So, one more post about the reaction to this whole Fritzl thing. This ought to be the last though, I think. Having reminded several people I’ve talked to about this news that yes, sex without explicit1 and free2 consent is rape, and weasling out of calling it such is just perpetuating this weird social attitude that while rape is not okay, we don’t necessarily have to condemn it explicitely. As you can imagine, the internal cognitive dissonance of this self-contradictory position makes it pretty funny to even write it down, let alone say it out loud.
One objection I’ve repeatedly heard (although fortunately not yet from people whose opinions I trust and value on this sort of matter) is that rape is not a term that is okay for public discussion. I pushed on this a bit harder and was told we should use the term “non-consensual sex” in the public arena. Why? While rape is a term that covers an emotive subject, it’s not inherently offensive, the word itself has no religious or cultural bias, and there are no strong taboos associated with it. Every bit of revoltion we feel when we hear the word rape is directly merited by the concept. What’s more, I feel that “sex” implies consentuality. The term “non-consensual sex” seems about as appropriate for rape as “non-violent violence” does for mental abuse. I pushed further for clarification about why rape is so objectionable a word to use. Apparently rape is “impolite.” And that one word explained everything I needed to know.
When we talk about politeness, we can be referring to a few different negative behaviour guidelines rolled up into one confusing word that is drilled into our skulls from a young age. Here are the ideas incorporated into the word that I’ve identified:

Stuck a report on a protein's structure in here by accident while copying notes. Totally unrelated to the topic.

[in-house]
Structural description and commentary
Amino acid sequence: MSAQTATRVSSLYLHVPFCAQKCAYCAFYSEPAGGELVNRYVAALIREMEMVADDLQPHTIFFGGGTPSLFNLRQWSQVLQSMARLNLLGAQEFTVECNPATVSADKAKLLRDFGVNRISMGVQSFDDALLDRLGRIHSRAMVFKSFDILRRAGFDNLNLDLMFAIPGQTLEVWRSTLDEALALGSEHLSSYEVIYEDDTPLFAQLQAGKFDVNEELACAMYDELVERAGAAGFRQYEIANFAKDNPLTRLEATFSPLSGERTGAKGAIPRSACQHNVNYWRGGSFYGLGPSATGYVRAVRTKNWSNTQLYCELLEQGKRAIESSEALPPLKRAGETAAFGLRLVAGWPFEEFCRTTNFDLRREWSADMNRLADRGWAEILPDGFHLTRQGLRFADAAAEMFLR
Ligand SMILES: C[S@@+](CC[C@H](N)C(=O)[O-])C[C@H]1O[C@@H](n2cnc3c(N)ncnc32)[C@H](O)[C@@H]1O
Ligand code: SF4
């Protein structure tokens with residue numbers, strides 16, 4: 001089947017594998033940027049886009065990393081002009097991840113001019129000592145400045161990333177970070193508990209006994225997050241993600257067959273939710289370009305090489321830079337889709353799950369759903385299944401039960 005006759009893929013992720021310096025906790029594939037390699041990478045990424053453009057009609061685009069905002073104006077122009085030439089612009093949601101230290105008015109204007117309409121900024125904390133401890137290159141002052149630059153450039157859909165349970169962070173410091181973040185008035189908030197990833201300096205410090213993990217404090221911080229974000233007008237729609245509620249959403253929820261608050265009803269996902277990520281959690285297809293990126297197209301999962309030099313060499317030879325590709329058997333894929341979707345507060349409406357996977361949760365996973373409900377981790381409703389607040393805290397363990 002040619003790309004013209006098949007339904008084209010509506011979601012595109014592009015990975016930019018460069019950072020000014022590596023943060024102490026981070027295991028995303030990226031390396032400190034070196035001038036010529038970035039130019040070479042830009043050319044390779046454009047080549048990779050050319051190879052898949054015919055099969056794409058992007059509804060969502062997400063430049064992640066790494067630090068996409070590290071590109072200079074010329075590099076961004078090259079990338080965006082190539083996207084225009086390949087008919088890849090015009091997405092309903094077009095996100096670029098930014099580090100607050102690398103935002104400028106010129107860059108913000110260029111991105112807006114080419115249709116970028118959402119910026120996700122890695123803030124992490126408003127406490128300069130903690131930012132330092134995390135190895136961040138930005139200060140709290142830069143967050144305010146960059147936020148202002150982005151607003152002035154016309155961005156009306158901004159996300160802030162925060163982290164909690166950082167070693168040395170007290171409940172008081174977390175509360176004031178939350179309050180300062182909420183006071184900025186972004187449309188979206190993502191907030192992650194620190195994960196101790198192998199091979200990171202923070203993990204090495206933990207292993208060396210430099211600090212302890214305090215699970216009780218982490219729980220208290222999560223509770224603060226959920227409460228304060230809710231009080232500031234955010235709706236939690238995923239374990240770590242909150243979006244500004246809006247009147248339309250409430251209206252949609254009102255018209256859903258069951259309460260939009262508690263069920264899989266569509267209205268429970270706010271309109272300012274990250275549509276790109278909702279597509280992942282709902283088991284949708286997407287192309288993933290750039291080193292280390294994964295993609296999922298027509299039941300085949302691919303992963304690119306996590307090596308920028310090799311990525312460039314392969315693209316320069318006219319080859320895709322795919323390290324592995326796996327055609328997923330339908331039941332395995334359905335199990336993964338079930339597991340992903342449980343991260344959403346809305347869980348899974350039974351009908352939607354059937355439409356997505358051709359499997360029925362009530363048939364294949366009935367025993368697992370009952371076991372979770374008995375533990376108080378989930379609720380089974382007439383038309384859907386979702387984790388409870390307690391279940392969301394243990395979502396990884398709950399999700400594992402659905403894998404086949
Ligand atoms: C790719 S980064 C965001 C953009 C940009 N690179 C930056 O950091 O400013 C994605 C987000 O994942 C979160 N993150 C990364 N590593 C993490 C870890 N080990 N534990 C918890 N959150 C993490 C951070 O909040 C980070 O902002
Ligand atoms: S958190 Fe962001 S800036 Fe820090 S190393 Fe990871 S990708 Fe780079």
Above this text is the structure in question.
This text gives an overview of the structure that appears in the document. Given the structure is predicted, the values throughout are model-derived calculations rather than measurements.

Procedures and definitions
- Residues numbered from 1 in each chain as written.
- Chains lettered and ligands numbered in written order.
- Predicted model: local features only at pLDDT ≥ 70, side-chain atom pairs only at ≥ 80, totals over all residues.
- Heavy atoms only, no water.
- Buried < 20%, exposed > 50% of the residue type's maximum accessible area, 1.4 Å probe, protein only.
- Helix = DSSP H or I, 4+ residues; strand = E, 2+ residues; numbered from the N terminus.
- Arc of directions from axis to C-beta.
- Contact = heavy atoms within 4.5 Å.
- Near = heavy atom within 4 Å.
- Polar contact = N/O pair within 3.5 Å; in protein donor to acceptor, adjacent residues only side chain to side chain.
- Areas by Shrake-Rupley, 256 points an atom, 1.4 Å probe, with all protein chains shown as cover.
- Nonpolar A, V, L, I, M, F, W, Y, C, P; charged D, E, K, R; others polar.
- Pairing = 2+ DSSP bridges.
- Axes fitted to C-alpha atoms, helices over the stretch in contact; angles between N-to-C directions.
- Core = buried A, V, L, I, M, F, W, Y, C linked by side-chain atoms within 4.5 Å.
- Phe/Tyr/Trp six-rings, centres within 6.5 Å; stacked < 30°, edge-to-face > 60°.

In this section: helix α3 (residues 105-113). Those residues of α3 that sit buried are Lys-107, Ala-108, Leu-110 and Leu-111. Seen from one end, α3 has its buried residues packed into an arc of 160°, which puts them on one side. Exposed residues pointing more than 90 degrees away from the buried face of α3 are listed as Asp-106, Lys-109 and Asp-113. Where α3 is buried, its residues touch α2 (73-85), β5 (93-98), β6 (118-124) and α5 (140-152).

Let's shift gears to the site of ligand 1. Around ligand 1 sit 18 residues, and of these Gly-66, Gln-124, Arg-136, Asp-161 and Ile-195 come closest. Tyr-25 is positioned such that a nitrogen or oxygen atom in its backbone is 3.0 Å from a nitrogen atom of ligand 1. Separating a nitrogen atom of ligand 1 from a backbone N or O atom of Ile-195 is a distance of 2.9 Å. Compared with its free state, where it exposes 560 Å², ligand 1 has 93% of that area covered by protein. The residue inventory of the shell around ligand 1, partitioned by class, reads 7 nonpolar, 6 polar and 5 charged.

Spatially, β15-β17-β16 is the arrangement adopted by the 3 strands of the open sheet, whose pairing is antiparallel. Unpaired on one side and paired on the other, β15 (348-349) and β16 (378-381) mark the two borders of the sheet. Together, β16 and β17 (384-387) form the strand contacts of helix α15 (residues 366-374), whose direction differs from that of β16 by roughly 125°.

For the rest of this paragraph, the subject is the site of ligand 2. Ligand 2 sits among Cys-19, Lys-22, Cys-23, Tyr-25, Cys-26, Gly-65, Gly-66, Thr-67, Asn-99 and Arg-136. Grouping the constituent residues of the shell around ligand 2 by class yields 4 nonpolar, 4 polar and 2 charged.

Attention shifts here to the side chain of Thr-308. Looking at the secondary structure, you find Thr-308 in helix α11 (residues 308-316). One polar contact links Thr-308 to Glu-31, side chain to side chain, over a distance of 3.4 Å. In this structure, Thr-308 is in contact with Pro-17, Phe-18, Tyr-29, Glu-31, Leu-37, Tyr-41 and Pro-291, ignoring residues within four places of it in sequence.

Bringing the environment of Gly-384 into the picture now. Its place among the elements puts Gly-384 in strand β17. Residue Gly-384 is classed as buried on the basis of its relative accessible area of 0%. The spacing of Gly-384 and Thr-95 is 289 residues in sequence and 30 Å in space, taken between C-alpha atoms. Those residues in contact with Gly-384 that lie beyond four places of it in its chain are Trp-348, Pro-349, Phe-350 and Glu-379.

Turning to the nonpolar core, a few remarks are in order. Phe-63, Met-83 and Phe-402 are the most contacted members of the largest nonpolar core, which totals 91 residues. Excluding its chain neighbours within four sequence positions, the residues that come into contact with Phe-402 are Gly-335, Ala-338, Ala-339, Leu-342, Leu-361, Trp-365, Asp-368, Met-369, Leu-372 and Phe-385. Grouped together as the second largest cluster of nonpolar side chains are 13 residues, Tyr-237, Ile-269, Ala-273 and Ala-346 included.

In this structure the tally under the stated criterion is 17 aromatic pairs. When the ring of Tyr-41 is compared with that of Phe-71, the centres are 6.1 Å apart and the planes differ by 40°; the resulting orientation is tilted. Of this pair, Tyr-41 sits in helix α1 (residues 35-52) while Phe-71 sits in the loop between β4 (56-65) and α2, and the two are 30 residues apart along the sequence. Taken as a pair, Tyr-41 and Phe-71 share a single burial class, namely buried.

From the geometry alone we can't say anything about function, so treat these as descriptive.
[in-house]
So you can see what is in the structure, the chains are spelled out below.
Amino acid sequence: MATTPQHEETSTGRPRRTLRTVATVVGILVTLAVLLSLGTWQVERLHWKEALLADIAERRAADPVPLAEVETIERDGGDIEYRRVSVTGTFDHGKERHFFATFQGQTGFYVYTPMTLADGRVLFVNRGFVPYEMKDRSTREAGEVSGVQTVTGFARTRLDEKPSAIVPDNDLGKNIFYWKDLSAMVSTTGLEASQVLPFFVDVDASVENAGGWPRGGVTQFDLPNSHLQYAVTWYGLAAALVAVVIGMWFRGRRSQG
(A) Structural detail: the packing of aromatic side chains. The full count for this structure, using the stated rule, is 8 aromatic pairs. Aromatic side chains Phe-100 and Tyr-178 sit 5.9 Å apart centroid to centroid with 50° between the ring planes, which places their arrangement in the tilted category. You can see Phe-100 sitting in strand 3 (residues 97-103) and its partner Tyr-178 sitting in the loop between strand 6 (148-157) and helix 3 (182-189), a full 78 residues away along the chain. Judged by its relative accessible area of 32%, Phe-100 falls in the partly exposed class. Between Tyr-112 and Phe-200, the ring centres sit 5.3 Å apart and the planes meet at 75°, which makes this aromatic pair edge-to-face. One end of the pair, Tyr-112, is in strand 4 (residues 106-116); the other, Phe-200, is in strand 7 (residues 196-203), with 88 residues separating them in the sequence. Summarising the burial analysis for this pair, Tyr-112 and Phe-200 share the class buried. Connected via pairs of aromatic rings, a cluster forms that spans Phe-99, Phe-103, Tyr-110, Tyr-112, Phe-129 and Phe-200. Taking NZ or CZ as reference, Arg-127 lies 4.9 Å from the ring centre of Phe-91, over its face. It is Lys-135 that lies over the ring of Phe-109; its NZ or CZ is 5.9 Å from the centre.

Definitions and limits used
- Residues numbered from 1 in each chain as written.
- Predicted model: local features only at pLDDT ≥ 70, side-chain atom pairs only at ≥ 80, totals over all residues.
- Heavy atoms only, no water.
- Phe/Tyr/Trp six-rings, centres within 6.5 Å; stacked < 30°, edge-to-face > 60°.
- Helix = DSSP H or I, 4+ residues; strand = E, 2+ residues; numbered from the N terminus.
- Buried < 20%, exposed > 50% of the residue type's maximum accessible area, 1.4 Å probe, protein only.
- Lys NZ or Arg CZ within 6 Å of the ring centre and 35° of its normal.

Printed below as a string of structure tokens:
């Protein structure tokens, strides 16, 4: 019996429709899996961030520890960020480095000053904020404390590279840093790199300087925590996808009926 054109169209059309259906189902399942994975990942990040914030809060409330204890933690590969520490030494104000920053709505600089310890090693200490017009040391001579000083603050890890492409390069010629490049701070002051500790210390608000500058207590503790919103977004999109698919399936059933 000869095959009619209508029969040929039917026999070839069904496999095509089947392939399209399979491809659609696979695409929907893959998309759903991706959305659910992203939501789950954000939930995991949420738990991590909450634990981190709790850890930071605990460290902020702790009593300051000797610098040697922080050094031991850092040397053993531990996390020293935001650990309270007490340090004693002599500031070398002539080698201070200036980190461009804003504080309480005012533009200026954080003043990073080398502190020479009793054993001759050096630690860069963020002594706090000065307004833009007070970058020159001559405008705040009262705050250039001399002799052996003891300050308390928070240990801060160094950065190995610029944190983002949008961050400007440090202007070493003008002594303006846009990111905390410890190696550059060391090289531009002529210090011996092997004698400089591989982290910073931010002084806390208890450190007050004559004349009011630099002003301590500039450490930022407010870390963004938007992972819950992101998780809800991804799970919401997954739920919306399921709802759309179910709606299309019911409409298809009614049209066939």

- Avoiding hegemonistic attitudes towards others, such as various types of discrimination or bullying.
- Avoiding embarassing yourself or others.
- Avoiding cultural taboos.
- Avoiding controversial or challenging topics.
Notice that the operative word here is to “avoid”, not “oppose”. Politeness makes no value judgements- which is exactly why it is an insufficient basis for social interaction.
A quick glance at these bullet points should point out where the cognitive dissonance in our attitude to politeness. We know that it’s impolite to discriminate or dominate people, but strict politeness also ties our hands from challenging people with assumptions that the feelings that lead to discrimination are appropriate to act on.
If there’s any part of politeness that can be safely dropped, it’s the assumption that controversy is counterproductive. Because it’s completely wrong- if managed well, controversy forces us to re-evaluate our opinions based on evidence and outlook on what kind of society we want to live in.
1Please note that “explicit consent” doesn’t mean “spoken consent”. It just has to be clear to all parties that each person involved is enthusiastic about the idea for the duration.
2I’m using “free” in the sense of “speak freely”, ie. without fear of consequences. I’ll probably follow these two up in more detail later.